About the Affenpinscher:
This ancient and old Germanic dog grabs your heart never to
let go. As with my Border Collies, England was the place that
seemed to draw me to the breed.
At times, their small size disguises their boldness. They are
intensely smart and the best companion you could ever want.
The German name, "Affenpinscher" (meaning monkey terrier)
serves them well.
The Affenpinscher breed was accepted into the American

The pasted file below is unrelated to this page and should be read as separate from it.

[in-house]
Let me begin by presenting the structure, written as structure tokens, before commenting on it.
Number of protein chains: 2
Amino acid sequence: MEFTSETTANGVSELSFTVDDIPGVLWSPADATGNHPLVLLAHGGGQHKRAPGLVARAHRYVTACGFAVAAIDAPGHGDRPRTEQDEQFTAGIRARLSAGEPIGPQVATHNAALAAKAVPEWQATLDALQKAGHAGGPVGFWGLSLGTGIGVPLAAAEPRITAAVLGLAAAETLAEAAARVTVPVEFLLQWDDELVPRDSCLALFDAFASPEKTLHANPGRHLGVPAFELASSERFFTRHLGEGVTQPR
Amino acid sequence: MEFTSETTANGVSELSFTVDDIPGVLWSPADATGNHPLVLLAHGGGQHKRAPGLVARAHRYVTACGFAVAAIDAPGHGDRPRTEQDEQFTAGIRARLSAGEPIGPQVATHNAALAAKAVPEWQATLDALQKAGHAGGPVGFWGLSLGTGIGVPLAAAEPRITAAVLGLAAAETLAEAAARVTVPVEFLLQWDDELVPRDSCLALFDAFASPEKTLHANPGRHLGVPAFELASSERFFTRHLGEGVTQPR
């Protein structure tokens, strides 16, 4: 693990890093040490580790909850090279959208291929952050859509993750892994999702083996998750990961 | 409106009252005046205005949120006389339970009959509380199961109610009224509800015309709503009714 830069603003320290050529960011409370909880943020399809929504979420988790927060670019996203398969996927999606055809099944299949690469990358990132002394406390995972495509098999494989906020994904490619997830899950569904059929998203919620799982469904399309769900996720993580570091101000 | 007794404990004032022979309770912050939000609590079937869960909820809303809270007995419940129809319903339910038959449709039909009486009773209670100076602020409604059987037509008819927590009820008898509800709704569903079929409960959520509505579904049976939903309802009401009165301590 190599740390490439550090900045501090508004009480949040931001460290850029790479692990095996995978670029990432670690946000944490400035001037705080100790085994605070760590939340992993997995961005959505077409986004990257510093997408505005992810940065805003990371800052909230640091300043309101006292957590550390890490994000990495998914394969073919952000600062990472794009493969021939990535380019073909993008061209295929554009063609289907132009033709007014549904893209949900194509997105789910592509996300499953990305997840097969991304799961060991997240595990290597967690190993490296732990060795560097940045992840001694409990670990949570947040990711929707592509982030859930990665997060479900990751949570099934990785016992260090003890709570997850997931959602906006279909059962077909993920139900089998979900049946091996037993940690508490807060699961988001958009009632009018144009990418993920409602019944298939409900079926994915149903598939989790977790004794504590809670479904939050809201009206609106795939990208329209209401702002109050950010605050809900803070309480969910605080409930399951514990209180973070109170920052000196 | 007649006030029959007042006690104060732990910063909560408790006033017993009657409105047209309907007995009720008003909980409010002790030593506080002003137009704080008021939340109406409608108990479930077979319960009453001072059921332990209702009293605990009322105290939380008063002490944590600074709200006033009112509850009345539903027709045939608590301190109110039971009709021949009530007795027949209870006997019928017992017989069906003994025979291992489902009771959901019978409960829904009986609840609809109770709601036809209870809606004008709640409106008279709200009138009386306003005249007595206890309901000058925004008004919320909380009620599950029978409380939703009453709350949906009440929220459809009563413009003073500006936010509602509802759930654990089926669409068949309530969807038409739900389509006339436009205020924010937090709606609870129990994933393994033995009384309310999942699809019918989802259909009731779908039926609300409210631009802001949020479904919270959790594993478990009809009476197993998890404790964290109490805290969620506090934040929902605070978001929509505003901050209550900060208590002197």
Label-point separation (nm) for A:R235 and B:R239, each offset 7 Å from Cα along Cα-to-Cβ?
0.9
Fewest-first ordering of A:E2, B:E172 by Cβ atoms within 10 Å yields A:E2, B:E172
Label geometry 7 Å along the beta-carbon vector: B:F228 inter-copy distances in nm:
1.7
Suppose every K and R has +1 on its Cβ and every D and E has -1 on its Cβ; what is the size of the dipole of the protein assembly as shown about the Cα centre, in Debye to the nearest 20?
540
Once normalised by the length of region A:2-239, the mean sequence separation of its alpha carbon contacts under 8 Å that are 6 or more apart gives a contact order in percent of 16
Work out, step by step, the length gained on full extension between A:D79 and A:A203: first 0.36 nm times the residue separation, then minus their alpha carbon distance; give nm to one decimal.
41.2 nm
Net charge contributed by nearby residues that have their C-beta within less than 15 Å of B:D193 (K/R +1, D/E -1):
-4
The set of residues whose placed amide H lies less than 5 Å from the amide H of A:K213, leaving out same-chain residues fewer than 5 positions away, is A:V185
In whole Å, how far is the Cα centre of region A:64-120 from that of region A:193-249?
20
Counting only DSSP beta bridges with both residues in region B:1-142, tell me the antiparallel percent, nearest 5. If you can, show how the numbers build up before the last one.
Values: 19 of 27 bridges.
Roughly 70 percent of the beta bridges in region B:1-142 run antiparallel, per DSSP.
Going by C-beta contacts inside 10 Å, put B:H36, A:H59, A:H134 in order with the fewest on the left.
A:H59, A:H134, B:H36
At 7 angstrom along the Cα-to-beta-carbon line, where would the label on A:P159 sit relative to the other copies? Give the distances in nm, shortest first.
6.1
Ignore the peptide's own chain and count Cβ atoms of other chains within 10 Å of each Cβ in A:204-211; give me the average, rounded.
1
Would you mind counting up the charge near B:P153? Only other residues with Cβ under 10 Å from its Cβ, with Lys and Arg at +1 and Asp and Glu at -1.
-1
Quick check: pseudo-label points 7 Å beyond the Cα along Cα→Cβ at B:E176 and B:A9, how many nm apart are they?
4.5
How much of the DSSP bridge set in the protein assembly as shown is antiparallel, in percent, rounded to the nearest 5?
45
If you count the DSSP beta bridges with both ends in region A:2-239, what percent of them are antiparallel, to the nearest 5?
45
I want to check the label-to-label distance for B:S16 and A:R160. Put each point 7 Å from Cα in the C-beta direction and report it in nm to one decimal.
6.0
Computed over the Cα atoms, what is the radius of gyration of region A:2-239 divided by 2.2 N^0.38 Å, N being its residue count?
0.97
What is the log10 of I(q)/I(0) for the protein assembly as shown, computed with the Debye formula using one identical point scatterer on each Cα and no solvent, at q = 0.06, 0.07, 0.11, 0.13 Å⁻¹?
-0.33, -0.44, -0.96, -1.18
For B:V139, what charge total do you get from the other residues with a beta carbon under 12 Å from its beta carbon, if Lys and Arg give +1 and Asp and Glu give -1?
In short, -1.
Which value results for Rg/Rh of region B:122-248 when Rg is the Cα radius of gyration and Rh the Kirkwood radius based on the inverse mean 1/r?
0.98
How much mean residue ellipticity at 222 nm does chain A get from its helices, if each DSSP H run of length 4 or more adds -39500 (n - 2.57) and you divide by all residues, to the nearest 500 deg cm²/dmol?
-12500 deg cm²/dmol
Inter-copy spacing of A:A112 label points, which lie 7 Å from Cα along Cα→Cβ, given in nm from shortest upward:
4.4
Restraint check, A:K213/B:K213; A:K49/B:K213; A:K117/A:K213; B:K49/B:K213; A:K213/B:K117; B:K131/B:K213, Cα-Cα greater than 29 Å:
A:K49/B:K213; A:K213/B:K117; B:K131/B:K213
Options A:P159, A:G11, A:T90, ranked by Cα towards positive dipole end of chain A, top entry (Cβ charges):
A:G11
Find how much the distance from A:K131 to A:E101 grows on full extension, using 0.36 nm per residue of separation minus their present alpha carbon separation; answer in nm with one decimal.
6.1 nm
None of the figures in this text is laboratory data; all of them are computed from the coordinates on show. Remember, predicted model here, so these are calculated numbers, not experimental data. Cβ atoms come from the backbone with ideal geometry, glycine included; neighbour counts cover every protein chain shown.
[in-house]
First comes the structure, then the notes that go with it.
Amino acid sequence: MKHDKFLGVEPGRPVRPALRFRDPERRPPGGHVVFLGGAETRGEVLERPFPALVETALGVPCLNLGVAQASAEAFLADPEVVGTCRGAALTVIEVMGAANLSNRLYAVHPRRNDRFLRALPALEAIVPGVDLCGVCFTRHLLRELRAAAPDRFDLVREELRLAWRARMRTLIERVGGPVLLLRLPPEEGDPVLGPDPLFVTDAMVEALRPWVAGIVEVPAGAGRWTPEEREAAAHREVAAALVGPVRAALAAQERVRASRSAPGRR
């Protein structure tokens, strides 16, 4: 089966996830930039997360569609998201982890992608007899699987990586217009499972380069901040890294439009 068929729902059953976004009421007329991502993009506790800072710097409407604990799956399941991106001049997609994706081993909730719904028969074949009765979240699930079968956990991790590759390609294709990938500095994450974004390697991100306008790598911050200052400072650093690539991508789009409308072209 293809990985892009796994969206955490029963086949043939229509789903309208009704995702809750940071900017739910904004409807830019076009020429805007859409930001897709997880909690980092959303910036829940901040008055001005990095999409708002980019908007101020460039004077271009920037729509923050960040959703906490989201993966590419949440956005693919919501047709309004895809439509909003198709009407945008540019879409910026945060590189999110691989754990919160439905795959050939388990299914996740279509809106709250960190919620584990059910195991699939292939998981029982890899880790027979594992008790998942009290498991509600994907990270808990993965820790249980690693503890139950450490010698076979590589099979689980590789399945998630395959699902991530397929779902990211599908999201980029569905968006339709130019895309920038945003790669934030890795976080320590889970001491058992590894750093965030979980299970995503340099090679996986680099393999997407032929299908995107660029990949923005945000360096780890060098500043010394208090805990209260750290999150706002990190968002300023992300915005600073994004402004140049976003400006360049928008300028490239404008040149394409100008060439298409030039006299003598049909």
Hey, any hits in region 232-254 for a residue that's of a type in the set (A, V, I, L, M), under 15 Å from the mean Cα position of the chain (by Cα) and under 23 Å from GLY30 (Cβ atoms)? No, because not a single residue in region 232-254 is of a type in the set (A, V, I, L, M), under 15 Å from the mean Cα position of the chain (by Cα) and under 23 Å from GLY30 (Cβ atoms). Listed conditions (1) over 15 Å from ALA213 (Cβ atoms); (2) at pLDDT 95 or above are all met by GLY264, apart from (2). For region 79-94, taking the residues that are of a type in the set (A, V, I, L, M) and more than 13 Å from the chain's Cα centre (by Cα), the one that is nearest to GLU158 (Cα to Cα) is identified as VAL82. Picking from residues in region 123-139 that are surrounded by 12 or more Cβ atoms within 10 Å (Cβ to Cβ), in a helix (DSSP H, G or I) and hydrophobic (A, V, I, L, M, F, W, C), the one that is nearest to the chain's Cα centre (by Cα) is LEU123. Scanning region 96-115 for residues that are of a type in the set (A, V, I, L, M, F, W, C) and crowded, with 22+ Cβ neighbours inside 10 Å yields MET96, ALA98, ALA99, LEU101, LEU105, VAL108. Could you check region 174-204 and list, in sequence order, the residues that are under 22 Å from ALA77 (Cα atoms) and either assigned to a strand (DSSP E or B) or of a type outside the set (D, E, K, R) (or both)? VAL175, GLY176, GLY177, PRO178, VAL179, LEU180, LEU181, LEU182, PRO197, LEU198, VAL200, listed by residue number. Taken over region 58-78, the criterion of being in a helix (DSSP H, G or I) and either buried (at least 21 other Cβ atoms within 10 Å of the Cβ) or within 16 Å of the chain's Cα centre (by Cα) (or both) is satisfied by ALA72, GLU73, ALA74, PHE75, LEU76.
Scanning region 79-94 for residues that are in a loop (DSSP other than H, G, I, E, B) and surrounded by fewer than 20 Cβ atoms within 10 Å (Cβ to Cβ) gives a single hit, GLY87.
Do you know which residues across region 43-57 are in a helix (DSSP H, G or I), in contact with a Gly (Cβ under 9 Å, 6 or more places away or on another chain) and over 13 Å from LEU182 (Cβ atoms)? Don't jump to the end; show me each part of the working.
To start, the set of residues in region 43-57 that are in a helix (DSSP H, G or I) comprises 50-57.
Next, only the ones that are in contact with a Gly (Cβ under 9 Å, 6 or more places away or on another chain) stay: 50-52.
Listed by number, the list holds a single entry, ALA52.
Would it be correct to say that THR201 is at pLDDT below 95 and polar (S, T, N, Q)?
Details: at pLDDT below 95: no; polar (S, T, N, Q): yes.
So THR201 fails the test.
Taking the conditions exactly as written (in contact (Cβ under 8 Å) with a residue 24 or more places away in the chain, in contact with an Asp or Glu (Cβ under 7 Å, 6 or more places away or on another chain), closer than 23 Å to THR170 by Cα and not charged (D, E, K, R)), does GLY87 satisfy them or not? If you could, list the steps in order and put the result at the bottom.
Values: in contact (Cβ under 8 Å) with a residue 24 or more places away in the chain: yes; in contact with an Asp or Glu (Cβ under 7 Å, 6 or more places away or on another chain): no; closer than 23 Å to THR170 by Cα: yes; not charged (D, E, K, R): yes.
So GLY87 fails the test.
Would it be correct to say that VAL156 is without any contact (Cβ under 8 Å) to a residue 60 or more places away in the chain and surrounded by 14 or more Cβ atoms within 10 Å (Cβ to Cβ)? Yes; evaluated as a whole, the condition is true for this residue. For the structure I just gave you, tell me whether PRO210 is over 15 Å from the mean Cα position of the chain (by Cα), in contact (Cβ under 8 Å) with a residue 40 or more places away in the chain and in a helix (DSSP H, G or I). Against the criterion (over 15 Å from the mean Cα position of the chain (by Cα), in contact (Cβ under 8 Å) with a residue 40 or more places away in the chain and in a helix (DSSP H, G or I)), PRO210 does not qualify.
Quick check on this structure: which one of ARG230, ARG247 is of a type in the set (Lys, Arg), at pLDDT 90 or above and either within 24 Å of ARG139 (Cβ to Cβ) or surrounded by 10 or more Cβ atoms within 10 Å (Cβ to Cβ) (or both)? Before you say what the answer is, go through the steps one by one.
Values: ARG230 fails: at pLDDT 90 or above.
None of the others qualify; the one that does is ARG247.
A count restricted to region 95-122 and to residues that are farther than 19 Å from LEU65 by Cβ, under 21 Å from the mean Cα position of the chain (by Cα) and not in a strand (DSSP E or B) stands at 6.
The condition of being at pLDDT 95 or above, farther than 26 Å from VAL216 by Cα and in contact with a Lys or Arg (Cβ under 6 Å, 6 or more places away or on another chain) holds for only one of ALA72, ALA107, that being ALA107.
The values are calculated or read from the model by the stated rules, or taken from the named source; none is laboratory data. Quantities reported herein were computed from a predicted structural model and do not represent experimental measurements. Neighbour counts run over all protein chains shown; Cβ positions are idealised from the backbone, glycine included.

Kennel Club in 1936. They are still considered a relatively
rare breed in the United States. They were granted show status
in the English Kennel Club in 1982.
This small rough coated little dog appeared in the woodcuts
of Durer in the 1600's and have always been adored for their
amusing ways and total devotion to the owners. Two accounts
of German dog shows in the 1870's and 1880's indicate that
Affenpinschers were well established in southern Germany
around Frankfurt and Munich.
Between World War I and World War II, Affens were exported
to the United States. At the same time they were taking hold in
Belguim and France but being crossed with the Griffons.
Sadly, the Affenpinscher really never recovered in their homeland.